Madden, J Wound healing: The biological basis of hand surgery. In Hunder JM et al edictors: Rehabilitation of the Hand, ed. 2, St. Louis 1984, The C.V. Mosby Co.
Bryant, Michael: Wound Healing in Clinical Symposia, CIBA, Vol. 29, #3, 1977. CIBA Pharmaceutical Co., Summit, NJ.
Lehmann, J, Masock, A, Warren C, Kablanski, J: Effect of Therapeutic Temperature on Tendon Extensibility. Archives of Physical Med and Rehab, Aug., 19970, pp. 481-487.
Mullins, P: Use of Therapeutic Modalities in Upper Extremity Rehabilitation. In Hunder JM et al. Editors: Rehabilitation of the Hand in Surgery and Therapy, 3rd ed. St. Louis, C.V. Mosby Co., 1990.
Fees, E and Philips C: Hand Splinting principles and methods, 2nd ed. C.V. Mosby & Co., 1987.
Colditz, J: Dynamic splinting of stiff hand, in Hunter J.M. et al. Editors: Rehabilitation of the Hand: Surgery and Therapy, 3rd ed., C.V. Mosby Co., 1990.


January 6, 1993
Bibliography of Information on Wound Healing and Treatment of Contractures
* Brand P: Clinical Mechanics of the Hand. St. Louis, C.V. Mosby, 1985.
Brand, P: The forces of dynamic splinting: ten questions before applying a dynamic splint to the hand, in Rehab. Of Hand: Surgery & Therapy. Hunter, Schneider, et al. (Eds.), 3rd ed. 1990. C.V. Mosby Co.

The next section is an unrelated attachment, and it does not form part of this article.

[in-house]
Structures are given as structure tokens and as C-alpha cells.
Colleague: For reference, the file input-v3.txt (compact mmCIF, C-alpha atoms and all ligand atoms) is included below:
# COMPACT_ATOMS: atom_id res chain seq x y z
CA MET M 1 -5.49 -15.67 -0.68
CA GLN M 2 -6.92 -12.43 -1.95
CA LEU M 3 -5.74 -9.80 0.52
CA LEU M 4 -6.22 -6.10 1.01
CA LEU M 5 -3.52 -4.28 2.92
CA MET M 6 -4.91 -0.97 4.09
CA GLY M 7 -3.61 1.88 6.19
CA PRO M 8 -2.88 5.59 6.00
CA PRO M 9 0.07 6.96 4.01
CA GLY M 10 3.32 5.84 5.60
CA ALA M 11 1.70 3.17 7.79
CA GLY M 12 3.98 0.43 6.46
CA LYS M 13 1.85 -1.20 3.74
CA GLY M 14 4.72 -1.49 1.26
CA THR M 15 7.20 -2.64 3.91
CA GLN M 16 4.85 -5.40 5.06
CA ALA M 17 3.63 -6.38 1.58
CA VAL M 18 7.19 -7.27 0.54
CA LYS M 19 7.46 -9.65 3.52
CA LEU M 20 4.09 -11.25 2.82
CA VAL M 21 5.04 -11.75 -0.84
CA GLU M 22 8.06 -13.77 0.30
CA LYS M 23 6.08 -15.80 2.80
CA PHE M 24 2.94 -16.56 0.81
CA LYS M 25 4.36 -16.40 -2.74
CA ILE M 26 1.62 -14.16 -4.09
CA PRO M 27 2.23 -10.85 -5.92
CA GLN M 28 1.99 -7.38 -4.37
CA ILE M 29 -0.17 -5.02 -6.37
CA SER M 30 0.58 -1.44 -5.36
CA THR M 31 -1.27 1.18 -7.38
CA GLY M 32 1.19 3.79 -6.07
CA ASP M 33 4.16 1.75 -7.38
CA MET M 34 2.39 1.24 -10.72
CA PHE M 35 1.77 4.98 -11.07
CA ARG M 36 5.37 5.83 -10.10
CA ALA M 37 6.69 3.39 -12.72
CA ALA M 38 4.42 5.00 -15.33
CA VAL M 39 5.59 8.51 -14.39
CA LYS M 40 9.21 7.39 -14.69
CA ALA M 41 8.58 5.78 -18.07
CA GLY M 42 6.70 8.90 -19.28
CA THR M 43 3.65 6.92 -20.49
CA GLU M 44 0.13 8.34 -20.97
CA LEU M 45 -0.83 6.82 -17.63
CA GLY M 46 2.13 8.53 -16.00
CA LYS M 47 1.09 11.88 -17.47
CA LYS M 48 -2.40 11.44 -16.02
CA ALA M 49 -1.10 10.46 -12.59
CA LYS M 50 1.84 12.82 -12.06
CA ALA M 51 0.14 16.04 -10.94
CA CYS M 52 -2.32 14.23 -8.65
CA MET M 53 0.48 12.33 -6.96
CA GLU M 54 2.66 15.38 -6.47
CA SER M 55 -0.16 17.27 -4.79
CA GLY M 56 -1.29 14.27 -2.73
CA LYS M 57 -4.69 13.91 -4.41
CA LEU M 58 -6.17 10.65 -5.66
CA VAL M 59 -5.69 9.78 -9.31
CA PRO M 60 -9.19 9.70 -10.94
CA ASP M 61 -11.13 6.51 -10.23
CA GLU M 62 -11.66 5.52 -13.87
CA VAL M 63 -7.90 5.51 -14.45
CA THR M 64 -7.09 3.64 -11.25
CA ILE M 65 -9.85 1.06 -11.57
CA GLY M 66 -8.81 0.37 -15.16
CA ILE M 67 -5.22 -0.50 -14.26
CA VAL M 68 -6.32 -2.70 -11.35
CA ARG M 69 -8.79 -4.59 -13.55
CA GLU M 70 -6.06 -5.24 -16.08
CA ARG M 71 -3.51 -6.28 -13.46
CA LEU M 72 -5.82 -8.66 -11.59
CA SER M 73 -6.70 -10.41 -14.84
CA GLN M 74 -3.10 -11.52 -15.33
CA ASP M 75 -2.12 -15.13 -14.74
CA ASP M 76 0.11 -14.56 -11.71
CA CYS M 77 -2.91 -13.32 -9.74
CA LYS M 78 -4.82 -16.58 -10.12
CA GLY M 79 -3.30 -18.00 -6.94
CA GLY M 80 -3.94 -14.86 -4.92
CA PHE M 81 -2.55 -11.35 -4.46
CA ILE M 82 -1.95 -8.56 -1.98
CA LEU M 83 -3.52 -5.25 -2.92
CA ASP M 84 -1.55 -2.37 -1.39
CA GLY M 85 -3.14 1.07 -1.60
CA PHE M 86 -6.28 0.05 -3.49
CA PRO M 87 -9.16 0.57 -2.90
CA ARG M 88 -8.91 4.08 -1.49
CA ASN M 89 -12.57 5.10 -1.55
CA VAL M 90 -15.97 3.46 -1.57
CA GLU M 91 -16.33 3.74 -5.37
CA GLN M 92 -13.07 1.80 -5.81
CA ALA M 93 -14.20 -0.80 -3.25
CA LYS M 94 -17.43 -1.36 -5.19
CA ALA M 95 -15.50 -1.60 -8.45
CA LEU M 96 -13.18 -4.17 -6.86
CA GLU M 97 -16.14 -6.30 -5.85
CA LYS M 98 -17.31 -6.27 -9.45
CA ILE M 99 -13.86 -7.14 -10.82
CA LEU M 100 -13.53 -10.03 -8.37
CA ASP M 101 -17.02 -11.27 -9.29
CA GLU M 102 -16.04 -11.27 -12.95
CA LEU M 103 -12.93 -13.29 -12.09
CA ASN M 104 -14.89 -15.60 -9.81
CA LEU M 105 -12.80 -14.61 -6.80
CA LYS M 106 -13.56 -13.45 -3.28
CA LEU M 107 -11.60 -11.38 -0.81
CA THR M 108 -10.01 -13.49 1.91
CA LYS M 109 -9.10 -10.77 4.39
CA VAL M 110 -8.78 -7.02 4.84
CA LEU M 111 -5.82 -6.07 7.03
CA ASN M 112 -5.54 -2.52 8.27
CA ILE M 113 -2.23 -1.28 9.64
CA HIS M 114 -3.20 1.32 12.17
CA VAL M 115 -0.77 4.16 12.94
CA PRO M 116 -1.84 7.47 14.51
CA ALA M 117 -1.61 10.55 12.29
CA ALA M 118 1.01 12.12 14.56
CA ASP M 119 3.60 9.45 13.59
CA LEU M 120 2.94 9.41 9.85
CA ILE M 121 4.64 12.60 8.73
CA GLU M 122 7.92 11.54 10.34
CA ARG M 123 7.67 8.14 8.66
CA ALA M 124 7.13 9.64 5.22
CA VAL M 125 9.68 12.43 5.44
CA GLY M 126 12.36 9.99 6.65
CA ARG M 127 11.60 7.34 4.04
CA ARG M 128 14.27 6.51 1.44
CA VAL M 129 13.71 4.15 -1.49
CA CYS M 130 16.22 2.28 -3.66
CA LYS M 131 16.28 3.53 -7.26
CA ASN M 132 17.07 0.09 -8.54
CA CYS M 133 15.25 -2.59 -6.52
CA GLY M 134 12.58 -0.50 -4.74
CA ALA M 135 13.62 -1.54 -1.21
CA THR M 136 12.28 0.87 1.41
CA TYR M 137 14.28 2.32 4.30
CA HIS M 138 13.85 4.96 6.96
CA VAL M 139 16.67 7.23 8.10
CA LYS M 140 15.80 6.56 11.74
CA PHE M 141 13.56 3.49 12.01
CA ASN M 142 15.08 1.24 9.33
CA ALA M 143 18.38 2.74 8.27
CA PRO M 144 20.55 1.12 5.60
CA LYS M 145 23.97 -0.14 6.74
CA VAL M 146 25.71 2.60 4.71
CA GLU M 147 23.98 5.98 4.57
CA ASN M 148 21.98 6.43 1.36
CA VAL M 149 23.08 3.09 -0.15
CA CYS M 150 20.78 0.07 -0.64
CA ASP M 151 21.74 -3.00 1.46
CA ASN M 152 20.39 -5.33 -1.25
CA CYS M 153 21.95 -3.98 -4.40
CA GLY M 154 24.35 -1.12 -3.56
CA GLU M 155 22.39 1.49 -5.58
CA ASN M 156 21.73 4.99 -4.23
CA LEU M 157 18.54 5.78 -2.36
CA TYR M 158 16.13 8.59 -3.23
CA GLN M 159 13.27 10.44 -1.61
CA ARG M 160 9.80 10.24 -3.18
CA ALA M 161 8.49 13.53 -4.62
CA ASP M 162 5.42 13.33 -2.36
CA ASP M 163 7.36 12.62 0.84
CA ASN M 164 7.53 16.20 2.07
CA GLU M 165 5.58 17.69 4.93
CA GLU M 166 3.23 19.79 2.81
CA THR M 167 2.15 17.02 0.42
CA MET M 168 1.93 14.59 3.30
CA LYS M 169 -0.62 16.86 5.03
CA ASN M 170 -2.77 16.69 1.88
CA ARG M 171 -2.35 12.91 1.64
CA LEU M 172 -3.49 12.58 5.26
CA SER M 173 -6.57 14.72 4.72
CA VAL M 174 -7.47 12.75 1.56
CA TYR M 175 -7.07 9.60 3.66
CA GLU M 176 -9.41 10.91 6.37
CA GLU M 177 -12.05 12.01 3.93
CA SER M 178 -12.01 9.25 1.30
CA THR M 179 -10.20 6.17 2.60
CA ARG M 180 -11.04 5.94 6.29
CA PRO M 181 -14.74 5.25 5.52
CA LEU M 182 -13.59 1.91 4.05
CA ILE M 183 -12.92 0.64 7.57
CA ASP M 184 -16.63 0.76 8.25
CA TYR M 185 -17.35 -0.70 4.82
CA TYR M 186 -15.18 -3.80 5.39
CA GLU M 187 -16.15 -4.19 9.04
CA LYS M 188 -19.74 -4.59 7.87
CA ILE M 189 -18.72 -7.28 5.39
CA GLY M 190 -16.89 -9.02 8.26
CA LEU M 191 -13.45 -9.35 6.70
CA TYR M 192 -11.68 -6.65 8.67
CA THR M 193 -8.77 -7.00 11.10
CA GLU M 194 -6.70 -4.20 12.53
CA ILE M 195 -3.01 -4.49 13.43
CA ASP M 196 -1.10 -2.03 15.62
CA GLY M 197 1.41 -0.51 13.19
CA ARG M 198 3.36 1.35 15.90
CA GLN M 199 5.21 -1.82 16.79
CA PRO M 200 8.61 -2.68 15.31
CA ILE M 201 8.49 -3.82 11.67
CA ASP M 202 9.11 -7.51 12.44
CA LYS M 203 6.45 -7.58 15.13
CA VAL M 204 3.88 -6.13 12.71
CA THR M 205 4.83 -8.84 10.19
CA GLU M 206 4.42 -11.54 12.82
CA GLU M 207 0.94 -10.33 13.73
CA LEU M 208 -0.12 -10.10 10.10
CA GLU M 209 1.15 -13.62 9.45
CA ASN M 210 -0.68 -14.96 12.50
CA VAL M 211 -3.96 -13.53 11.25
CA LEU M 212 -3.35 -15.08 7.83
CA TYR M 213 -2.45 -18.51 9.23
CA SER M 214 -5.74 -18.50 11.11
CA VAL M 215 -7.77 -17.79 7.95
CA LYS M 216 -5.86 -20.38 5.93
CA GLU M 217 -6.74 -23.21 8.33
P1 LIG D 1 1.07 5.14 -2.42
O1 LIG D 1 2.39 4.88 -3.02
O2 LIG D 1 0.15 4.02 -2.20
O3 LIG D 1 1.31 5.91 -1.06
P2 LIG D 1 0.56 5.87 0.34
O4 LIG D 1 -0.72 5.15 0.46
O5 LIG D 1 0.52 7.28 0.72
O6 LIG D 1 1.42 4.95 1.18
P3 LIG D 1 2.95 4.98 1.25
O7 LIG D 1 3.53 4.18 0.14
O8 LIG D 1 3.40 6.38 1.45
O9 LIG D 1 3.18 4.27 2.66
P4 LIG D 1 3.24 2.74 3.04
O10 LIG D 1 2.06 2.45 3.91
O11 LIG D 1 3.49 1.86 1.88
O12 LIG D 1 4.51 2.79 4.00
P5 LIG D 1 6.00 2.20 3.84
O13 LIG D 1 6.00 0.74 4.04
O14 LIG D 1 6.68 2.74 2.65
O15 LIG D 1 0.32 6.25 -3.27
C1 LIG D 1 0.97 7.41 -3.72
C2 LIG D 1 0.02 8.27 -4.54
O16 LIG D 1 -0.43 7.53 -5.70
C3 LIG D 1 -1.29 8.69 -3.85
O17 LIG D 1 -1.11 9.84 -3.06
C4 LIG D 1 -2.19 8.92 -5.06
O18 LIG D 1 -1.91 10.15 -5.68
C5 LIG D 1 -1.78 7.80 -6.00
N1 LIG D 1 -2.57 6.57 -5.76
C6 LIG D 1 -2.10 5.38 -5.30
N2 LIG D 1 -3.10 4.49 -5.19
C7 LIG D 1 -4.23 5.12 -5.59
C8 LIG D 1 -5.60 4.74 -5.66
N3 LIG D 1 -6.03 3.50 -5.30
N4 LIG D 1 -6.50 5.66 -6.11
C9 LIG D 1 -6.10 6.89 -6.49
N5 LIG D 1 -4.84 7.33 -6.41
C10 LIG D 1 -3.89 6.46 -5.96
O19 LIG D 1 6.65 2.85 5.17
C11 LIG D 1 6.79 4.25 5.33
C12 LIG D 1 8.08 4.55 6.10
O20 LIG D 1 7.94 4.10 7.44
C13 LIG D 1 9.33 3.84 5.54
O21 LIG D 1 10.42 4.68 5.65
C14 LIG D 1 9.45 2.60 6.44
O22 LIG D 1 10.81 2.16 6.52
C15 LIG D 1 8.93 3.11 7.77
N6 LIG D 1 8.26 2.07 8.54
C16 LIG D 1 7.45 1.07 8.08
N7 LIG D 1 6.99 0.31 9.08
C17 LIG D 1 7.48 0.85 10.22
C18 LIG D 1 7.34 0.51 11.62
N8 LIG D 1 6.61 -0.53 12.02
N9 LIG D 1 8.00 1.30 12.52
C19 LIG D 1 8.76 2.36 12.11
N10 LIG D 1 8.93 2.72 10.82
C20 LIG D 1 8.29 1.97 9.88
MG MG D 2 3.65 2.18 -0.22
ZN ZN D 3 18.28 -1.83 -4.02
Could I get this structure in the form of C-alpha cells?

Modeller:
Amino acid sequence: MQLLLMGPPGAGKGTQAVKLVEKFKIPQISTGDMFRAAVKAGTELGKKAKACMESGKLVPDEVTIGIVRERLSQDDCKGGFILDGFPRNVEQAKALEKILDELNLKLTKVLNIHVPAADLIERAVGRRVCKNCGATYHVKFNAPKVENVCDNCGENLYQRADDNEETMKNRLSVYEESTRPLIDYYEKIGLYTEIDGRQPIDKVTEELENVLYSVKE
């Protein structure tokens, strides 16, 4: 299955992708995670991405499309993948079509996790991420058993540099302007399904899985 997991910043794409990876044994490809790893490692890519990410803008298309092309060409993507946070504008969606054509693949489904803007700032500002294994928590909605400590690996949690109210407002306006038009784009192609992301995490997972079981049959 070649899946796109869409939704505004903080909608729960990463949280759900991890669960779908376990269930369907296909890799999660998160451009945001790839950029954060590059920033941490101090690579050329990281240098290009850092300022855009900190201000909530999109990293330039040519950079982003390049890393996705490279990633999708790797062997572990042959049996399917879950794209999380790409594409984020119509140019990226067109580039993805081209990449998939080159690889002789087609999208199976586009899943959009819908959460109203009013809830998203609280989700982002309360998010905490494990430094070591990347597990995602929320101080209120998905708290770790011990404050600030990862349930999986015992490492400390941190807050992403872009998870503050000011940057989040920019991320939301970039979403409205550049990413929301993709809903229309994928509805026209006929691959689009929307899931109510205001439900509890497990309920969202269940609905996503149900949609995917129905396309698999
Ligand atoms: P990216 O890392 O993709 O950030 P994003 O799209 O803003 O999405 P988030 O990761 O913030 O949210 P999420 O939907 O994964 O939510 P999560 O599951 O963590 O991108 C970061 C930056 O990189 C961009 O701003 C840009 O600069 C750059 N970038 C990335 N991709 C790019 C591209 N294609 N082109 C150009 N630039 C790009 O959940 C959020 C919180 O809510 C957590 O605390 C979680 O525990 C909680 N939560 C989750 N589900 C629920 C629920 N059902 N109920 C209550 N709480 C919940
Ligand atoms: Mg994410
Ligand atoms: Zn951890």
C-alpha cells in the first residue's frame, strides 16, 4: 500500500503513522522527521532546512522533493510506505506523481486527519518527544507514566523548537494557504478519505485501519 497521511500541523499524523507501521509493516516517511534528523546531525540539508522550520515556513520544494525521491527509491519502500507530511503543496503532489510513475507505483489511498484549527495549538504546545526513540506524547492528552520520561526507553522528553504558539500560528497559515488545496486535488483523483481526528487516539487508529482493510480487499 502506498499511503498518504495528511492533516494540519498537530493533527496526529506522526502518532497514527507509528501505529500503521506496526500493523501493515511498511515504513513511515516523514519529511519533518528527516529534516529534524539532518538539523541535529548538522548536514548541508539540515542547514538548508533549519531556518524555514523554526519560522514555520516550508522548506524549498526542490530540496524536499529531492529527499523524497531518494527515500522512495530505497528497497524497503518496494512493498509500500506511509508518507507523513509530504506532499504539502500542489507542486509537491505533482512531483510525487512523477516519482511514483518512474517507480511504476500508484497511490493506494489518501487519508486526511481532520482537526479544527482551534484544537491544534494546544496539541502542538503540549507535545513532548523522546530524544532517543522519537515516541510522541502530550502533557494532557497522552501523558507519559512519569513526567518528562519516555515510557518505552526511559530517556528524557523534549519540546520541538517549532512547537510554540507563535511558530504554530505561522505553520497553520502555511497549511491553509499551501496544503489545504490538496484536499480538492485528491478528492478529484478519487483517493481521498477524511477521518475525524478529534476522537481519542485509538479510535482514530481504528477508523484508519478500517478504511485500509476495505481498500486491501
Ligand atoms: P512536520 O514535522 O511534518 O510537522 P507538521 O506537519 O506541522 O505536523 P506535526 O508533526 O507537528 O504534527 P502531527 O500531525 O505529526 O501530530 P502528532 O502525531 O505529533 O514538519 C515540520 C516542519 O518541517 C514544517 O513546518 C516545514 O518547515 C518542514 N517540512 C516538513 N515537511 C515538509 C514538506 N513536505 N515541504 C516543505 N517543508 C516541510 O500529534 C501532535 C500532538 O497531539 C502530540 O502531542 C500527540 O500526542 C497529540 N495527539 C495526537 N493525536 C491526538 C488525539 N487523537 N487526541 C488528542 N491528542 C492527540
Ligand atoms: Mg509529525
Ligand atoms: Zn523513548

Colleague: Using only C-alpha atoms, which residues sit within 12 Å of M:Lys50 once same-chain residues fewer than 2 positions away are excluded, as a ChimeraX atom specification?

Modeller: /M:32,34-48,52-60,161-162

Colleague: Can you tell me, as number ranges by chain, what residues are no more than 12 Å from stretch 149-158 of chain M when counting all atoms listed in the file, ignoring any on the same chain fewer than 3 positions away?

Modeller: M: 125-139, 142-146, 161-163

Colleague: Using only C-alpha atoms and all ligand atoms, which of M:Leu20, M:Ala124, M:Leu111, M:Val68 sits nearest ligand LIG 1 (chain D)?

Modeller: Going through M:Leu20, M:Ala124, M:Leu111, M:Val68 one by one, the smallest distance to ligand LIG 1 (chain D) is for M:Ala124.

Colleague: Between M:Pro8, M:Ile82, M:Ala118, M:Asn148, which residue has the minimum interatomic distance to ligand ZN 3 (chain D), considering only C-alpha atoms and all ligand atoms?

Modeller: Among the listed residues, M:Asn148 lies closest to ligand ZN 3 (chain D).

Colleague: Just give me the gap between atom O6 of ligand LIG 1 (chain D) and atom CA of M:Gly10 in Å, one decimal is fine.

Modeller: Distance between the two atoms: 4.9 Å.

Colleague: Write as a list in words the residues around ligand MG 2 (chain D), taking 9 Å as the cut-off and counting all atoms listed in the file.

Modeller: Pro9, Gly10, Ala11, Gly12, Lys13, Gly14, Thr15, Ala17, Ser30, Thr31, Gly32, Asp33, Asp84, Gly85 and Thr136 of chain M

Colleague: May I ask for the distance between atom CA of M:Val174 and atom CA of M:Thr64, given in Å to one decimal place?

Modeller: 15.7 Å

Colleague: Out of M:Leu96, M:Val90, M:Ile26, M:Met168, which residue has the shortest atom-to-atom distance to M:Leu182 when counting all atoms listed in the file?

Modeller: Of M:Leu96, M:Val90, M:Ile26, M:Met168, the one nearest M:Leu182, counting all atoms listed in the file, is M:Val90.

Burkhalter, W: Wound Classification and Management, in Rehabilitation of the Hand: Surgery and Therapy. Hunter, Schneider, et al. (Eds.), 3rd ed. 1990. C.V. Mosby Co.
Colditz, J: Spring-wire splinting of the proximal interphalangeal joint, in Rehab. Of Hand: Surgery & Therapy. Hunter, Schneider, et al. (Eds.), 3rd ed. 1990. C.V. Mosby Co.
Frank C, Ameil M, Woo S, Akeson W: Normal Ligament Properties and Ligament Healing. Clin Ortho Rel Res, 196:15, 1985.
Fun Y: Biomechanics, Mechanical Properties of Living Tissues: Springer Verlag, New York, 1981.
Krotoski-Bell, J: Plastic cylinder casting for contractures of the interphalangeal joints, in Rehab. Of Hand: Surgery & Therapy. Hunter, Schneider, et al. (Eds.), 3rd ed. 1990. C.V. Mosby Co.
Light K, Nuzik S, Personius W, Barstrom A: Low-Load Prolonged Stretch Vs. High-Load Brief Stretch in Treating Knee Contractures, Phys. Ther 64-3:330, 1984.
Peacock E: Some Biochemical and Biophysical Aspects of Joint Stiffness. Ann Surg 164-1:1, 1966.
Peacock E, VanWinkle, W: Surgery and Biology of Wound Repair: Philadelphia, WB Saunders, 1970.
Wu, Shin-Han: A Belly Gutter Splint for Proximal Interphalangeal Joint Felxion Contracture. AJOT, Sept., 1991, Vol 45, No. 9, pp. 839-843.


September 4, 1992–1:47 pm

SENSIBILITY (18) (11) (3) (7) (14) (10) (8) (20) (27) (29) (33) (34)

General Points:
Compare affected hand to unaffected hand–especially for 2 point discrimination
Work distal to proximal